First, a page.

Where Volkswagen's $5 billion environmental payout is going

As part of its landmark $14.7 billion settlement with US regulators, Volkswagen will be shelling out cash to improve the land it sullied with its excess diesel emissions.

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Volkswagen has finally reached a settlement in regards to its 2.0-liter diesel vehicles in the US, after it admitted to willfully deceiving regulators and polluting well beyond legal limits. Its $15 billion settlement puts $10 billion towards compensating owners and its buyback program, with the rest going to "pollution mitigation." Let's see what that entails.

First up, we have an emissions reduction program. VW will shell out $2.7 billion to fund a wide variety of projects around the country, with the aim of mitigating the nitrogen oxides that its four-cylinder diesels emitted in excess of US regulations.

The funds will be placed into a trust over three years, and will be doled out to beneficiaries that include all 50 states, Puerto Rico, Native American tribes and the District of Columbia. Specific measures were not mentioned, but some will likely go towards health initiatives, as nitrogen oxides can contribute to smog that exacerbates respiratory and cardiovascular issues, as well as asthma development in children.

The remaining $2 billion will be split into two separate plans, both of which will go towards zero-emissions technology advancements, including investments in infrastructure and education that supports zero-emissions vehicles. While electric cars are likely the first zero-emissions vehicles to come to mind, it's not limited to EVs alone.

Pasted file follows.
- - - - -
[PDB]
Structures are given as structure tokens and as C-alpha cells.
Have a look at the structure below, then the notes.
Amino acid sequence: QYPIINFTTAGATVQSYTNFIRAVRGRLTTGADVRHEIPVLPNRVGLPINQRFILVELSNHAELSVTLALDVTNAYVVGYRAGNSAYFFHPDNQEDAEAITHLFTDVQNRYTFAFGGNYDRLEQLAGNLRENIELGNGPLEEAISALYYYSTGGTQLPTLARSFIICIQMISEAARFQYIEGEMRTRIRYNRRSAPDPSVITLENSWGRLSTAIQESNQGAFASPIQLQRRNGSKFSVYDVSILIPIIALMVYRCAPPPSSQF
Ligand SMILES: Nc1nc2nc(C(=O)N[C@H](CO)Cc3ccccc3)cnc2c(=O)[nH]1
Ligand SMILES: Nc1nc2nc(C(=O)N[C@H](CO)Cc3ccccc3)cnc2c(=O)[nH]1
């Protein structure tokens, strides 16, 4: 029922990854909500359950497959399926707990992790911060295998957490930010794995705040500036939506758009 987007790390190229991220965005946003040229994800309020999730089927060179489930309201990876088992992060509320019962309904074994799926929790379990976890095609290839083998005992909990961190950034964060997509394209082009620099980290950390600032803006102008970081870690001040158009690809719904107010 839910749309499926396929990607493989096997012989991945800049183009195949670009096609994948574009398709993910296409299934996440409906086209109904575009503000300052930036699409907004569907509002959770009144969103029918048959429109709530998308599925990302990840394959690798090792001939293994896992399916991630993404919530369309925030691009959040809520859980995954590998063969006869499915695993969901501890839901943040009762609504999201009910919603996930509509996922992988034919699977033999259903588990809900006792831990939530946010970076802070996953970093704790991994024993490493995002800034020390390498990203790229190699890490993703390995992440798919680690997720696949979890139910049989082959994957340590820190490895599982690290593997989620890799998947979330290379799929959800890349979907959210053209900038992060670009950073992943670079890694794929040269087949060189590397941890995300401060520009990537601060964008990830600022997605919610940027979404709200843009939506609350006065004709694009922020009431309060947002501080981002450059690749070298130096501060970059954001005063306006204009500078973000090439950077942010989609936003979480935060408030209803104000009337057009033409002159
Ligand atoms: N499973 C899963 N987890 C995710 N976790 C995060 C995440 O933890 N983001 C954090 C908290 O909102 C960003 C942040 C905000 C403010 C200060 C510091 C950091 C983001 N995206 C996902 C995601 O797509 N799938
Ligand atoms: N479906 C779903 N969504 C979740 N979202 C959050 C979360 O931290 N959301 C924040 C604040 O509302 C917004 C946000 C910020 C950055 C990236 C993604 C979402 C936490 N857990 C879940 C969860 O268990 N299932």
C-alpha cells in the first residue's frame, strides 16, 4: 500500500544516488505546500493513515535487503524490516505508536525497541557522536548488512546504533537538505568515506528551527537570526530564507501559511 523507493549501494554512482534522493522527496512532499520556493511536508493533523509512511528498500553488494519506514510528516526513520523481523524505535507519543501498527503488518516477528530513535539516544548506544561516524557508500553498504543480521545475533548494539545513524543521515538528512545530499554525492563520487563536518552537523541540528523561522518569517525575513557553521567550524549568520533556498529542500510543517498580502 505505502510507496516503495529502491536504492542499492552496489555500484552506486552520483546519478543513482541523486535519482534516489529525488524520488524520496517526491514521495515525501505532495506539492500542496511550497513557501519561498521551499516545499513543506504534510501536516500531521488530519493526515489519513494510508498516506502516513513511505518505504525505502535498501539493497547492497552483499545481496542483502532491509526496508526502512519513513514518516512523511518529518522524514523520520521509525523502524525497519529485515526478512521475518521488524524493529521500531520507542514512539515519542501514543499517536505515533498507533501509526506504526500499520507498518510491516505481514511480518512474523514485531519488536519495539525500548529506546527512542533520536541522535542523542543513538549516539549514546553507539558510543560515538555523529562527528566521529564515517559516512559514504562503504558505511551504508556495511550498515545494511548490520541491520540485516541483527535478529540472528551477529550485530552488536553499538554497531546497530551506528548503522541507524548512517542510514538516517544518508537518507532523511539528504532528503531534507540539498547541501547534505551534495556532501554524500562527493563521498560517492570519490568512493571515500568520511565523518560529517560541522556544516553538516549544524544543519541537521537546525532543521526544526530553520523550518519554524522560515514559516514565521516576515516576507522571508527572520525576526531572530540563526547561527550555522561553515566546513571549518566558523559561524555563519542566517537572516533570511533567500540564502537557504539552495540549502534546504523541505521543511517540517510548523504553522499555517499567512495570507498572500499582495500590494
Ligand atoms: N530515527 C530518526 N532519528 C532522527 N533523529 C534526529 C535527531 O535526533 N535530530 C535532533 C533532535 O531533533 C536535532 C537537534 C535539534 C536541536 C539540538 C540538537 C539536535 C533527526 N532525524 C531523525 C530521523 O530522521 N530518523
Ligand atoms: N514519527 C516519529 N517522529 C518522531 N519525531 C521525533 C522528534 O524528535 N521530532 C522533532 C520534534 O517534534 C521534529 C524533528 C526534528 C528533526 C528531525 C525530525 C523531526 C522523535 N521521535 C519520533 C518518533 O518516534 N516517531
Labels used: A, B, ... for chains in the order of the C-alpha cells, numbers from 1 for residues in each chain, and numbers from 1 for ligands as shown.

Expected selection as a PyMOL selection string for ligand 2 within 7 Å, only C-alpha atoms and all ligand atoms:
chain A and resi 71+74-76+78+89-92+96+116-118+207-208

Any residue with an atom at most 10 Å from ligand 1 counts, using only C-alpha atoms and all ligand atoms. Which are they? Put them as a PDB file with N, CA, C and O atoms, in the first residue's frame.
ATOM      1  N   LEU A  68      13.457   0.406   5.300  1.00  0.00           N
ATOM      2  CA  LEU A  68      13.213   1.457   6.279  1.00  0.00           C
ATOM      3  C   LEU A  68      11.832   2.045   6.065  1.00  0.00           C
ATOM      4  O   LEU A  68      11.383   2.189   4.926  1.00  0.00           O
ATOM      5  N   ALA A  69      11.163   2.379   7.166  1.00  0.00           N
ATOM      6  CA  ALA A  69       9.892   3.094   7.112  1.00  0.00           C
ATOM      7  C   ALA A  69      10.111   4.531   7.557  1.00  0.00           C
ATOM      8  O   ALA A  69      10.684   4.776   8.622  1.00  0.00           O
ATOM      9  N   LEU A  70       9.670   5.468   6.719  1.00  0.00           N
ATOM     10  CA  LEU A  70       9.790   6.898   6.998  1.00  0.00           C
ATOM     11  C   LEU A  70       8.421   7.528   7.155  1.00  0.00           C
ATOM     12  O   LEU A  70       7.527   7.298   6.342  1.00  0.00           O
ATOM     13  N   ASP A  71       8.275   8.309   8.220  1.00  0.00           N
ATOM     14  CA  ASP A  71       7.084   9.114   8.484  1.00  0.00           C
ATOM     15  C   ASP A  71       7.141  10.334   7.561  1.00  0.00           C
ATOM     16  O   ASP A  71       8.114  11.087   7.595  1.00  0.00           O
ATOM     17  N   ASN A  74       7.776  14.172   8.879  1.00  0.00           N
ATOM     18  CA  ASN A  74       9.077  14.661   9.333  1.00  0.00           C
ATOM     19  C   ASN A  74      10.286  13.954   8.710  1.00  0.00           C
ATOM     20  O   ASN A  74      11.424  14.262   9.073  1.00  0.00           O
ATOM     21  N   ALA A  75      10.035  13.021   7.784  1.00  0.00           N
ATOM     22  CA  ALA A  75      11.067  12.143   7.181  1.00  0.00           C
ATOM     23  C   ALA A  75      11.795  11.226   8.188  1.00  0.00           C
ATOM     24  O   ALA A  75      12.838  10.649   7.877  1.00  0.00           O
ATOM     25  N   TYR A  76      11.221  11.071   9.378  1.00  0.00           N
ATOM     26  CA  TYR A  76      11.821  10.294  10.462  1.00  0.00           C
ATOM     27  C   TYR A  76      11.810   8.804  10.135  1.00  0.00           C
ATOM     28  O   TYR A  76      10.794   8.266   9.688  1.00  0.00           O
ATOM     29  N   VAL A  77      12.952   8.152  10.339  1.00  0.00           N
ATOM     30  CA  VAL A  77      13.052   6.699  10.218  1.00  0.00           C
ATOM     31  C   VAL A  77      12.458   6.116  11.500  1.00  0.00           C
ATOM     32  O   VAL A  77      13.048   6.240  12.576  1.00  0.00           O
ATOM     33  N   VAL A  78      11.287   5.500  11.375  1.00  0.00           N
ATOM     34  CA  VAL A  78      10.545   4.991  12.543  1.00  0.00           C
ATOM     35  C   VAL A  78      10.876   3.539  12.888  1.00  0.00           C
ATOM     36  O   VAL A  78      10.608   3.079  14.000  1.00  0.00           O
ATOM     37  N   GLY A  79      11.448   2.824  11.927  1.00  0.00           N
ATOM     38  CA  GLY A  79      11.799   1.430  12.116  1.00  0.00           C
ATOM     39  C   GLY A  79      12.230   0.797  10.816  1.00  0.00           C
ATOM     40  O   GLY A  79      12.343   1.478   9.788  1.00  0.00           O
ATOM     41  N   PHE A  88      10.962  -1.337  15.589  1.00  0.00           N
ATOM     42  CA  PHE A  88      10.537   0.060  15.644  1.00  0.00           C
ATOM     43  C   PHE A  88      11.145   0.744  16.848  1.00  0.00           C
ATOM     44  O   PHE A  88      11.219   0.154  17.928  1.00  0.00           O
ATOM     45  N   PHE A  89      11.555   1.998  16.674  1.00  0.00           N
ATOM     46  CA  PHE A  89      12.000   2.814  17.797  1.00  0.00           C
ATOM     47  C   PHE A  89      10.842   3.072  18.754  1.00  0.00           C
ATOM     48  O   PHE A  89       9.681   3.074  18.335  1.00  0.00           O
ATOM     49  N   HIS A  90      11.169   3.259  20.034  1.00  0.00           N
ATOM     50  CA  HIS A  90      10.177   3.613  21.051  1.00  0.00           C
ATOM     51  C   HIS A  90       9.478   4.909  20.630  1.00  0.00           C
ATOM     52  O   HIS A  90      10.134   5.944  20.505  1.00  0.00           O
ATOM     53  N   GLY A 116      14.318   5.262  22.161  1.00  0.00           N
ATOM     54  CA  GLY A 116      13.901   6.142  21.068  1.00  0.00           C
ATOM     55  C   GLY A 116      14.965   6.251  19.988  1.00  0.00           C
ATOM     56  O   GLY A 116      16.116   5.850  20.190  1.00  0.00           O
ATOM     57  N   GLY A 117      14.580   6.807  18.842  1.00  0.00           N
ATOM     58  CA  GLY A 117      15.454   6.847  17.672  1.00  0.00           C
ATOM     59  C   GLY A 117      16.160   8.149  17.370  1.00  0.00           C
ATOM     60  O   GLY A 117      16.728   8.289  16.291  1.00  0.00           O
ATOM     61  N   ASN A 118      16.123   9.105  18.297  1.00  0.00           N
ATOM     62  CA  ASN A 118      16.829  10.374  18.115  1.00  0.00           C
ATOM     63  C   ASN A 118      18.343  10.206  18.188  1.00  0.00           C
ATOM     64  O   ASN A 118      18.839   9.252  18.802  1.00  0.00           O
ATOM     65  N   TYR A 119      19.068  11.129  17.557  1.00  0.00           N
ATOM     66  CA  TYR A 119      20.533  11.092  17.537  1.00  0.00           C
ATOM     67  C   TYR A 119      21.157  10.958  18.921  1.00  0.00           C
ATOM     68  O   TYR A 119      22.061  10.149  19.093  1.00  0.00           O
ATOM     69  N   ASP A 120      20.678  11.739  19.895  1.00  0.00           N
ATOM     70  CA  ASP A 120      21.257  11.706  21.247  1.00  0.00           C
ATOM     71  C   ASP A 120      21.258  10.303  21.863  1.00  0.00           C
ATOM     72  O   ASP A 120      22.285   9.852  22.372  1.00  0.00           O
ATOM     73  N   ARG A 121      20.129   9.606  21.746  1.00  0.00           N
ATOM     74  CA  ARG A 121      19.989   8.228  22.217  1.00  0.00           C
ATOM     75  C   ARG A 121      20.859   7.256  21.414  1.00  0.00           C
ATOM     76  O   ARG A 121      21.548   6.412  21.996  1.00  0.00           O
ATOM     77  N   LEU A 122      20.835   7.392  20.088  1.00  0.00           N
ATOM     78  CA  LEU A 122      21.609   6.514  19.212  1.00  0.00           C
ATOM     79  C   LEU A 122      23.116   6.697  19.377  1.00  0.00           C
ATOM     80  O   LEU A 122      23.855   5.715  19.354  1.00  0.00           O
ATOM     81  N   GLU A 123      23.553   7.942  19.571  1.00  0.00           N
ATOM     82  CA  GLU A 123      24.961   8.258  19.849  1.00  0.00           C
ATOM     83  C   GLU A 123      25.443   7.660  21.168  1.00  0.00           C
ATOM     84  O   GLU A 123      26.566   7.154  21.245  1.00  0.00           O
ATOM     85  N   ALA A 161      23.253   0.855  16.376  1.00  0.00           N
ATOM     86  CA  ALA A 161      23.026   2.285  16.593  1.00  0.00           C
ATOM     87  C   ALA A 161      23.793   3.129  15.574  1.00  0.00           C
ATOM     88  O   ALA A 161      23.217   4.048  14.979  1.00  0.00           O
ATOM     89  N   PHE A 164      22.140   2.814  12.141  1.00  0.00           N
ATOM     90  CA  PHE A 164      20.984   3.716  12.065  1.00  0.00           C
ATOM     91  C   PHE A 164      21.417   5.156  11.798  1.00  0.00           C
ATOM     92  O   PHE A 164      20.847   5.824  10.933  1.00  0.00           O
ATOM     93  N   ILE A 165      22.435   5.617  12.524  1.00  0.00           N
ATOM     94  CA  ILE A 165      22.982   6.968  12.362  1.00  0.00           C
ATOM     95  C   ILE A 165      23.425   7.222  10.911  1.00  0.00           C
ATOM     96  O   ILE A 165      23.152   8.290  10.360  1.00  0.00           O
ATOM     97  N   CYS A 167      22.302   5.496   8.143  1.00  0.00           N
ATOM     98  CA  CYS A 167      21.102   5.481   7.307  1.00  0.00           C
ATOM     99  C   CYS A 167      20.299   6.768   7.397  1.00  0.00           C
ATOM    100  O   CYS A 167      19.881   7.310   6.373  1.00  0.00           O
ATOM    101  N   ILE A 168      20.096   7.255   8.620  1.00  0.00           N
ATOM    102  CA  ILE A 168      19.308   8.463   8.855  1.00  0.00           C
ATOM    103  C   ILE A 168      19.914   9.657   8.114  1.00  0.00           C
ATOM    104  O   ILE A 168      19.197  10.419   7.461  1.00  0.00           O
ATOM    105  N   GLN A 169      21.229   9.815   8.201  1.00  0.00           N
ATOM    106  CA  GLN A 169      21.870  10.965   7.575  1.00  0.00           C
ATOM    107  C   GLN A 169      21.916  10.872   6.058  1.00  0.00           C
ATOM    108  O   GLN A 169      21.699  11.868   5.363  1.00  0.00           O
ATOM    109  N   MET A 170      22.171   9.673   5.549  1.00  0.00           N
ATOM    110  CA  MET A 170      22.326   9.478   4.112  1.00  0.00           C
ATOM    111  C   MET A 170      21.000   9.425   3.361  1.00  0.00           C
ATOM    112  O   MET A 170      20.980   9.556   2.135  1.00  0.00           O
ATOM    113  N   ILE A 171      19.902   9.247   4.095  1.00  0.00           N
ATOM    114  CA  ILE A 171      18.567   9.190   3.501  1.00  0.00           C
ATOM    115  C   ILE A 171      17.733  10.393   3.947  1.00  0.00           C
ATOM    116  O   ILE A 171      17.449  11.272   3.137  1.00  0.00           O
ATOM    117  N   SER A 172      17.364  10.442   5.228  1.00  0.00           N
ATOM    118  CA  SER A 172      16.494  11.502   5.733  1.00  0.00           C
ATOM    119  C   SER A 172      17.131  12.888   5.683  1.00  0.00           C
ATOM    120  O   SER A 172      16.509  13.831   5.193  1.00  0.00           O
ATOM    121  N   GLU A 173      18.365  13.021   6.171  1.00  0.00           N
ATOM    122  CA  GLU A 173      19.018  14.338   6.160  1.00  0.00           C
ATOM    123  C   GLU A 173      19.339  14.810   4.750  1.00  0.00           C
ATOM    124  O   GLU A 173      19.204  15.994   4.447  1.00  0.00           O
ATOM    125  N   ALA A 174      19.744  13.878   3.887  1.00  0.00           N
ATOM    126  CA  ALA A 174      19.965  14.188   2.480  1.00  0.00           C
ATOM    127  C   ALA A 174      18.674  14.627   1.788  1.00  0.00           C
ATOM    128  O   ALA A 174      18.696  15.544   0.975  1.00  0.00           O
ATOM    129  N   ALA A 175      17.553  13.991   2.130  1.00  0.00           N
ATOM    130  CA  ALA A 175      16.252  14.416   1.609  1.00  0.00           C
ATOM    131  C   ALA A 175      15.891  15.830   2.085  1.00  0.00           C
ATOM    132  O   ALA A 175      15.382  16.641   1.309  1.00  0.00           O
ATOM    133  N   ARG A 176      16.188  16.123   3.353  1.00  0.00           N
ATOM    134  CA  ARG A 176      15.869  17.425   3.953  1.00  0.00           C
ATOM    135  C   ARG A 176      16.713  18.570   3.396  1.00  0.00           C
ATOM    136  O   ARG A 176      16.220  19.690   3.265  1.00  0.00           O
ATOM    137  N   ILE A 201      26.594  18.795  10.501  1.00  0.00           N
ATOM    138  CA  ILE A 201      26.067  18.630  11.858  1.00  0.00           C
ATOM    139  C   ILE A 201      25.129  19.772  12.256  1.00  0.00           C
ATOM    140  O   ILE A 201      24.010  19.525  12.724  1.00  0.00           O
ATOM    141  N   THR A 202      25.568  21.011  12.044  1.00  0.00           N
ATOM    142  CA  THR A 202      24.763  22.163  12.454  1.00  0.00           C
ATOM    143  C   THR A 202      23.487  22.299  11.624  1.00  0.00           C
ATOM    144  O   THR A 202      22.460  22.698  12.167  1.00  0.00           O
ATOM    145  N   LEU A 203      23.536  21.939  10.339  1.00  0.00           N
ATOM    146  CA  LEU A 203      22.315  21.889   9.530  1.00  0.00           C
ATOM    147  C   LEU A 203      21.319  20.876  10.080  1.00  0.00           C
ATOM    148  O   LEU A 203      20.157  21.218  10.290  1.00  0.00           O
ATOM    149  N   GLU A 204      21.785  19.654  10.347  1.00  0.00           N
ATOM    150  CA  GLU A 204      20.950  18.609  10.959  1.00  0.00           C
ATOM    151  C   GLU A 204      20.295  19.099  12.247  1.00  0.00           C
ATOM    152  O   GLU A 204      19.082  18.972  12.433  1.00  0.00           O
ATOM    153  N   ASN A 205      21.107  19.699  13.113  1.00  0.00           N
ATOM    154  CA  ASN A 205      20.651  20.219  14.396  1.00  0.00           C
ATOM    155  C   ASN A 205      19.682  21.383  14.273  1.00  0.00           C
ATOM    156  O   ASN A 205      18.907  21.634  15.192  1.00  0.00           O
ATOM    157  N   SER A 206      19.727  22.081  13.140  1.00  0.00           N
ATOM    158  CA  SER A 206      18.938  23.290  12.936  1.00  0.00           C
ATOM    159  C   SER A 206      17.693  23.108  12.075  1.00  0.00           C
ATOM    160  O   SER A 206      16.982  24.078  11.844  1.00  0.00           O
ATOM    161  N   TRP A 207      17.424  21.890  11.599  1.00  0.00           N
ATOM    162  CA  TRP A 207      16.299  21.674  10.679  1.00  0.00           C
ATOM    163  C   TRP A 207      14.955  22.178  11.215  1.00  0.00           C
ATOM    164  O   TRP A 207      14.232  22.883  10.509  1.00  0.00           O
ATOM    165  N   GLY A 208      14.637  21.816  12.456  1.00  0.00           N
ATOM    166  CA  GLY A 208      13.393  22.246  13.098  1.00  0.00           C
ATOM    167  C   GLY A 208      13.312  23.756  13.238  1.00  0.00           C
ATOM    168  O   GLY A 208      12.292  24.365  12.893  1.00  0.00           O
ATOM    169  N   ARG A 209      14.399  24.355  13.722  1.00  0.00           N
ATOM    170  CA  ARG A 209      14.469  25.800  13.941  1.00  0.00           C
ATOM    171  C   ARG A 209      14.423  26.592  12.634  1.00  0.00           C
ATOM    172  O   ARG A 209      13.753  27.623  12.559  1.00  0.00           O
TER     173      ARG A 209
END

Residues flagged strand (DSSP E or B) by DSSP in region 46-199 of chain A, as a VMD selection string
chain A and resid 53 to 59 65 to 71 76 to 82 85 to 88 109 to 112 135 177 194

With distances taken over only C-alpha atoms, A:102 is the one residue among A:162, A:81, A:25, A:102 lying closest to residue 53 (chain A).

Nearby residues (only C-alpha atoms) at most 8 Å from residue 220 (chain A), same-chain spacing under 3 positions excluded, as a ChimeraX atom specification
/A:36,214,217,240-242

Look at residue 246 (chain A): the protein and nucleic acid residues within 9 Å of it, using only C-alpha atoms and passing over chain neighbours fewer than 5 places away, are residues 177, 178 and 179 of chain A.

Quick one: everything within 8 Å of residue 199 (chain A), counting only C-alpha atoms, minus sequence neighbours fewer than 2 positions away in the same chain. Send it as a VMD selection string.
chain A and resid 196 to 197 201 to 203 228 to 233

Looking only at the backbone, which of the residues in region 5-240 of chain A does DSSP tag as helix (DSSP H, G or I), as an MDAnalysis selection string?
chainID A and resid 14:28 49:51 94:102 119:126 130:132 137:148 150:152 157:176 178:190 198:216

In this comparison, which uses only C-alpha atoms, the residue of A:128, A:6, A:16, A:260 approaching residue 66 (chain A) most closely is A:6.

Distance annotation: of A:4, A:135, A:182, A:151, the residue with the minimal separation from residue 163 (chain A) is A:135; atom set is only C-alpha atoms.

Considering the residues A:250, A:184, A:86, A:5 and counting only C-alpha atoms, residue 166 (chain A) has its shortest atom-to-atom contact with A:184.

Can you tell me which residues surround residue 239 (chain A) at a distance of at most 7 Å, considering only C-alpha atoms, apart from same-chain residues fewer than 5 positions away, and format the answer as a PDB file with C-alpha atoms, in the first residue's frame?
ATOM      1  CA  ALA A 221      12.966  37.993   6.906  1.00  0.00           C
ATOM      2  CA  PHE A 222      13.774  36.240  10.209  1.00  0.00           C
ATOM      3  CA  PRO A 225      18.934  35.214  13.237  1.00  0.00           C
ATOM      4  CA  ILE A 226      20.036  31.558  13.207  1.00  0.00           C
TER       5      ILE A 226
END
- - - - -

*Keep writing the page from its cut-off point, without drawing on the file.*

Of this $2 billion, $1.2 billion will be given to a national investment plan put forth by the Environmental Protection Agency. The remaining $800 million will go straight to California and its own personal EPA, the California Air Resources Board (CARB). The latter figure will be put towards California-specific initiatives. Volkswagen will reach out to tribes, states, cities and the feds to ensure the plan is in everyone's best interests.

If there's one truly good thing to come from Dieselgate, it'll be this. The idea of helping the environment doesn't exactly compel Congress to loosen up the purse strings, and helping advance the cause of zero-emissions vehicles will have both immediate and long-term effects on the air we breathe. Once we've eliminated the effects of all that additional pollution in the air, things can only get better from there.